If I flash back six months ago or so, I barely saw any Modern control decks at all. Many players were under the assumption that the various Death's Shadow variants were bad matchups for control. This, combined with the use of Cavern of Souls in a variety of strategies including Eldrazi Tron, compounded issues. However, we have since learned that control is very far from dead. In fact, there is an argument that control decks are stronger than they have been in quite some time.

Why are control decks suddenly much better than they were before? When we see a large shift like this in a metagame there normally is more than one reason for it. The first is straightforward: players are building their control decks more appropriately to accommodate for the top decks in the format. There were some control decks like Grixis Control that seemingly couldn't keep up with the metagame, and that deck has lost a lot of popularity. On the other hand, Jeskai Control has access to Path to Exile and a different set of threats – a much better fit.

Jeskai Control at one point was relying on Nahiri the Harbinger to search for Emrakul, the Aeons Torn. Once players realized that win condition wasn't working out that well, Jeskai Control lost a ton of popularity. Players were forgetting about cards like Geist of Saint Traft or just good old Snapcaster Mage beatdown. Now, Jeskai Control has turned into the hottest control deck in Modern, and there are a few different ways to go about building it. This version touches on the fourth color to be able to add Lingering Souls into the mix.

Now that control is becoming more popular in Modern, Lingering Souls becomes better positioned. This has always been one of those cards you hate to play against from the control side. By playing Lingering Souls, you have a win condition that provides an edge in control mirrors. It is also hard to answer Lingering Souls with a single card – only a card like Izzet Staticaster out of the sideboard truly trumps Lingering Souls.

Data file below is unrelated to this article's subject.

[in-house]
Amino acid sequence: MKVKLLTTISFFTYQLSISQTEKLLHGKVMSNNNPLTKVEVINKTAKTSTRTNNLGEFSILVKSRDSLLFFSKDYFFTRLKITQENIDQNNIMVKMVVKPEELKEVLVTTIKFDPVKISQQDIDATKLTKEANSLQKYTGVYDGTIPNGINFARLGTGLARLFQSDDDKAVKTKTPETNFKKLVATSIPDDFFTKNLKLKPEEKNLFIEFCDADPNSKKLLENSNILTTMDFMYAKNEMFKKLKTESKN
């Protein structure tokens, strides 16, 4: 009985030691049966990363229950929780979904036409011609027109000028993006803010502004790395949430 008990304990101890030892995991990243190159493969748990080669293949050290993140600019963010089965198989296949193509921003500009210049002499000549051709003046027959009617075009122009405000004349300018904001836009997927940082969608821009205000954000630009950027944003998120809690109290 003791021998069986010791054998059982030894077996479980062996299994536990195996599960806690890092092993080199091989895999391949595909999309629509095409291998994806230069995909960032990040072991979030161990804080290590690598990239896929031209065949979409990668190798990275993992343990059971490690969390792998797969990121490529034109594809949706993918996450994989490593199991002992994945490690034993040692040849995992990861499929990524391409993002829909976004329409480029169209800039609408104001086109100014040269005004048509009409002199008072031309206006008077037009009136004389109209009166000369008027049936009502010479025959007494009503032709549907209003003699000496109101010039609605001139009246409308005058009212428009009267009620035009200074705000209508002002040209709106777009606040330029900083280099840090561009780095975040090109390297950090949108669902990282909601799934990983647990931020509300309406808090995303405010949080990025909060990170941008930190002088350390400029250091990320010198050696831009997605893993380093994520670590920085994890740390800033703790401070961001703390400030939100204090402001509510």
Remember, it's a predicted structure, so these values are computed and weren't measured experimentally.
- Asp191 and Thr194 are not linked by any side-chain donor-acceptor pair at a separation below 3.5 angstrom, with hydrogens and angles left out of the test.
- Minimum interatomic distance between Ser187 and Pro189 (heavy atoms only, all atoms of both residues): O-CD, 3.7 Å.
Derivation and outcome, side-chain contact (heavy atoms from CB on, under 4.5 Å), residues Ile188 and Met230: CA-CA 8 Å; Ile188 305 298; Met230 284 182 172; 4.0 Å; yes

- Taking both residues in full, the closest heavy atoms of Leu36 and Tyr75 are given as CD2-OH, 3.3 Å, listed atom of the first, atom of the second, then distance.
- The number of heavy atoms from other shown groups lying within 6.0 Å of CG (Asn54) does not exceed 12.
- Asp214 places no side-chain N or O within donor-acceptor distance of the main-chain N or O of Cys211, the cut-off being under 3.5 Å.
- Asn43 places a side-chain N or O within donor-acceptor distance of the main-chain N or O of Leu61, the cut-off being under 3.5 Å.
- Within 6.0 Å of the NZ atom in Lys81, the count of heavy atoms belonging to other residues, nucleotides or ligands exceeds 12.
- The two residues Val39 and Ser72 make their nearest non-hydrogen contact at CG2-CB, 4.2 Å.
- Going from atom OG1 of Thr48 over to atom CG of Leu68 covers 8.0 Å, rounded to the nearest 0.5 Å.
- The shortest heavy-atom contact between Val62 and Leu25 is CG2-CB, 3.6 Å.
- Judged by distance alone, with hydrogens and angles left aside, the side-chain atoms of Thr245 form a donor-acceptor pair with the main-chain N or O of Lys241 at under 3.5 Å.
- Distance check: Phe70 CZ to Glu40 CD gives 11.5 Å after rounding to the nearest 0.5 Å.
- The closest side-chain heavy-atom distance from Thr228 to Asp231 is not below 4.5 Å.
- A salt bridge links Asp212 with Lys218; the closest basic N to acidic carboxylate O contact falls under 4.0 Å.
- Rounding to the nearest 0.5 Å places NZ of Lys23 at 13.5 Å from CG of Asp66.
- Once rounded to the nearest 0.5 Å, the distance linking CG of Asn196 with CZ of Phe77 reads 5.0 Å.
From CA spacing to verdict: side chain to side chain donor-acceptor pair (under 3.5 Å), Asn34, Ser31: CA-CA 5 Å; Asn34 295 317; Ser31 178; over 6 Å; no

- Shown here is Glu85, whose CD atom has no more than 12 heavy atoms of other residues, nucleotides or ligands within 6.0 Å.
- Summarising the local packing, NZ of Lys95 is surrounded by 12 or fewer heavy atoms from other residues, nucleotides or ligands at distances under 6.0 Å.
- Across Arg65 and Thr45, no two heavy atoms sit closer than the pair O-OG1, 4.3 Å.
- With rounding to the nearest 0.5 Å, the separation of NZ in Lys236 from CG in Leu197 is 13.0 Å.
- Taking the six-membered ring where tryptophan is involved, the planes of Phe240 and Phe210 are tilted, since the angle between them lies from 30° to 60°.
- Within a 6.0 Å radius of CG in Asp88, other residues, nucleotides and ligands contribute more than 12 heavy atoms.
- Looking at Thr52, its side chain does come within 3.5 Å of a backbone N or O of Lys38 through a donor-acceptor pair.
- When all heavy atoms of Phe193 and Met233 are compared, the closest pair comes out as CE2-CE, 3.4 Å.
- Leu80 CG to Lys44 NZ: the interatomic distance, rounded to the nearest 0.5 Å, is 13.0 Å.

On the other hand, a turn three Geist of Saint Traft can immediately be eaten by an opposing Liliana of the Veil, and that can be the difference in a game. Overall, Lingering Souls provides a good safe win condition, but it does mean you make your mana base a bit worse by adding black, though you gain access to Mystical Teaching. This sort of control deck needs to make sure it keeps Blood Moon off the battlefield, as that card can cripple your lands even if it comes into play late in a game.

With all the card draw and spells with flashback, the late game of this control deck is fantastic. There is even a copy of Sphinx's Revelation to truly bury the opponent in card advantage. That said, there is also a lot of cheap removal, so this deck has resiliency to an early creature assault. Lightning Bolt, Path to Exile, Lightning Helix, and even Fatal Push are extremely efficient cheap answers. This mix helps give the control deck the edge against aggro. The deck will eventually win the game one way or another once all the opposing threats are dealt with.

If you can't go long against control, or win with an early onslaught of creatures, then how do you beat this deck? Well, there are decks in the format that can kind of just ignore most of the cards in the Jeskai Control deck. For instance, the Green-White Hexproof strategy plays creatures that can't be answered by these spot removal spells. Another strong strategy against control is Dredge, as pretty much the only way to beat it from the control side is a card like Rest in Peace post-board. However, both Dredge and Hexproof Auras aren't super popular, so once again it makes sense why control is in a good spot.

While Jeskai Control and four-color variations are the most popular control decks, there are certainly other directions you can go. I want to talk about some control decks that are not established archetypes yet. Do we really need to be stretching our mana base, or can we go back to two-color control decks? When we think of control decks in Modern they usually play blue, but this one is not. I helped popularize White-Black Control in Standard, and now the deck may be transitioning over to Modern.

This deck has a lot of cards that may seem a bit strange in the main deck, but we are talking about a deck that was able to earn a trophy on Magic Online, so clearly there is something here. This is mostly a Superfriends deck, with a large variety of planeswalkers that can kill and disrupt the opponent. We see a variety of different Gideon, though I believe the most powerful one to be Gideon, Ally of Zendikar, which is why there are three copies. These planeswalkers can turn into a creature and attack, so even though there aren't many creatures in the deck, Gideon serves as a good win condition.